ESPN FPI updated their season predictions for BYU the Cougar's dominant victory over Troy. As the schedule currently stands, BYU has a 50% chance to go undefeated according to ESPN - the highest number in all of college football.
If you really want understand these numbers, you need to understand how ESPN FPI is calculated - I've included the definition at the bottom of this article.
Opponent: BYU's chances to win according to ESPN FPI
@ Navy: W (Was 32.1%)
Troy: W (Was 83.6%)
Louisiana Tech: 92.9% (Was 85.2%)
UTSA: 97.6% (Was 94.4%)
@ Houston: 62.0% (Was 45.6%)
Texas State: 96.3% (Was 94.1%)
Western Kentucky: 92.1% (Was 85.7%)
North Alabama: 99.8% (Was 99.8%)
Houston is the greatest challenge remaining on the official schedule according to ESPN FPI. According to ESPN FPI, there is a 91% chance that BYU will be 4-0 heading into their game against Houston. While these percentages favor BYU in most games, the Cougars will need to prove that they can consistently win games they are favored to win.
For those that aren't familiar with FPI, here's a definition from ESPN's website:
"FPI is a predictive rating system designed to measure team strength and project performance going forward. The ultimate goal of FPI is not to rank teams 1 through 128; rather, it is to correctly predict games and season outcomes. If Vegas ever published the power rankings it uses to set its lines, they would likely look quite a lot like FPI.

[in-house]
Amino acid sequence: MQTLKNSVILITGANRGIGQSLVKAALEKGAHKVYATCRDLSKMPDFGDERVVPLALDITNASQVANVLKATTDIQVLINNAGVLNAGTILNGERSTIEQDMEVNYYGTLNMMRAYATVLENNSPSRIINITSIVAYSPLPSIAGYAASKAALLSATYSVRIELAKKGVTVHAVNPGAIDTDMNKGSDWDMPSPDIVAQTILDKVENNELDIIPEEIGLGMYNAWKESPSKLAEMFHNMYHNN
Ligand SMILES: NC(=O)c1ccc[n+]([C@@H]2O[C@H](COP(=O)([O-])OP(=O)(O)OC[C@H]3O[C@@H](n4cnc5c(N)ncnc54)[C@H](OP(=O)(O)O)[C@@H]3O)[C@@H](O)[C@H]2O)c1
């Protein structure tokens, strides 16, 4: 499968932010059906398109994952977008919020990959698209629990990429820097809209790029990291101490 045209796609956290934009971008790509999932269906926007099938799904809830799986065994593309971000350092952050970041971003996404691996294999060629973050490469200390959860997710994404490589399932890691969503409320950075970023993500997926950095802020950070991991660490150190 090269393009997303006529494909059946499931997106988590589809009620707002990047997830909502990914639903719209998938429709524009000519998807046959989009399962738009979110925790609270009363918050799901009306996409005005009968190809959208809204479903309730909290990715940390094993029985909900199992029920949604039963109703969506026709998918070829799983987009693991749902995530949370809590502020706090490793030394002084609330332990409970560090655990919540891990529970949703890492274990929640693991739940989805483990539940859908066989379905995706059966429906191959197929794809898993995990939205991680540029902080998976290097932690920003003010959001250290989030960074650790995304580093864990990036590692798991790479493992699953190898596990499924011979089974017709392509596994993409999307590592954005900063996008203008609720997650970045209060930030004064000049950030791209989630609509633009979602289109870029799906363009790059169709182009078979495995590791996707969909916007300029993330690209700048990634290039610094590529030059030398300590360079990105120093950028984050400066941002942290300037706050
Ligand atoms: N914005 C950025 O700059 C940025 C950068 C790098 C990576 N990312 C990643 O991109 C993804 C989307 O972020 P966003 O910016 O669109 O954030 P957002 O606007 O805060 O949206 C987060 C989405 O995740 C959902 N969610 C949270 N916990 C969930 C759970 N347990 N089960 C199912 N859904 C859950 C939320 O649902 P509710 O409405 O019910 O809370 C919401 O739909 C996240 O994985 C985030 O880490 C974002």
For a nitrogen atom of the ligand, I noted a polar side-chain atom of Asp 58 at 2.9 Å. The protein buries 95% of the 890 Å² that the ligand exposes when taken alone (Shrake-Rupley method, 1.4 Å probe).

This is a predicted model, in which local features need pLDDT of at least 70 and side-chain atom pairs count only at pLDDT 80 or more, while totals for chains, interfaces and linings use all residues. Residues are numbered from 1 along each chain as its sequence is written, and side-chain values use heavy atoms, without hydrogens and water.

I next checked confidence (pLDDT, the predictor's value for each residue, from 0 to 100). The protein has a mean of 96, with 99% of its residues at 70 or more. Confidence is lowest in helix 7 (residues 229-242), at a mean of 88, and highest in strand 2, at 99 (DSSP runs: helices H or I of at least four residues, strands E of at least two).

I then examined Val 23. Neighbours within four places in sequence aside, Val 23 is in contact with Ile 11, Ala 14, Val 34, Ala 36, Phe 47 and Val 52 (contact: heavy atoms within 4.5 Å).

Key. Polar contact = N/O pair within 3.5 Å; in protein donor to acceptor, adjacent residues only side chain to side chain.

Correctly predicting game outcomes can’t be done by evaluating teams’ records because some teams are stronger than their records indicate (lots of close losses), and others have favorable schedules. Both of these situations are reflected in the game- and season-level projections.
Each team’s FPI rating is composed of a predicted offensive, defensive and special teams component. These ratings represent the number of points each unit is expected to contribute to the team's net scoring margin on a neutral field against an average FBS opponent.
In the preseason, these components are made up entirely of data from previous seasons, such as returning starters, past performance, recruiting rankings and coaching tenure (more on the preseason component below). That information allows FPI to make predictions (and make determinations on the strength of a team’s opponents) beginning in Week 1, and then it declines in weight as the season progresses. It is important to note that prior seasons’ information never completely disappears, because it has been proved to help with prediction accuracy even at the end of a season. Vegas similarly includes priors when setting its lines."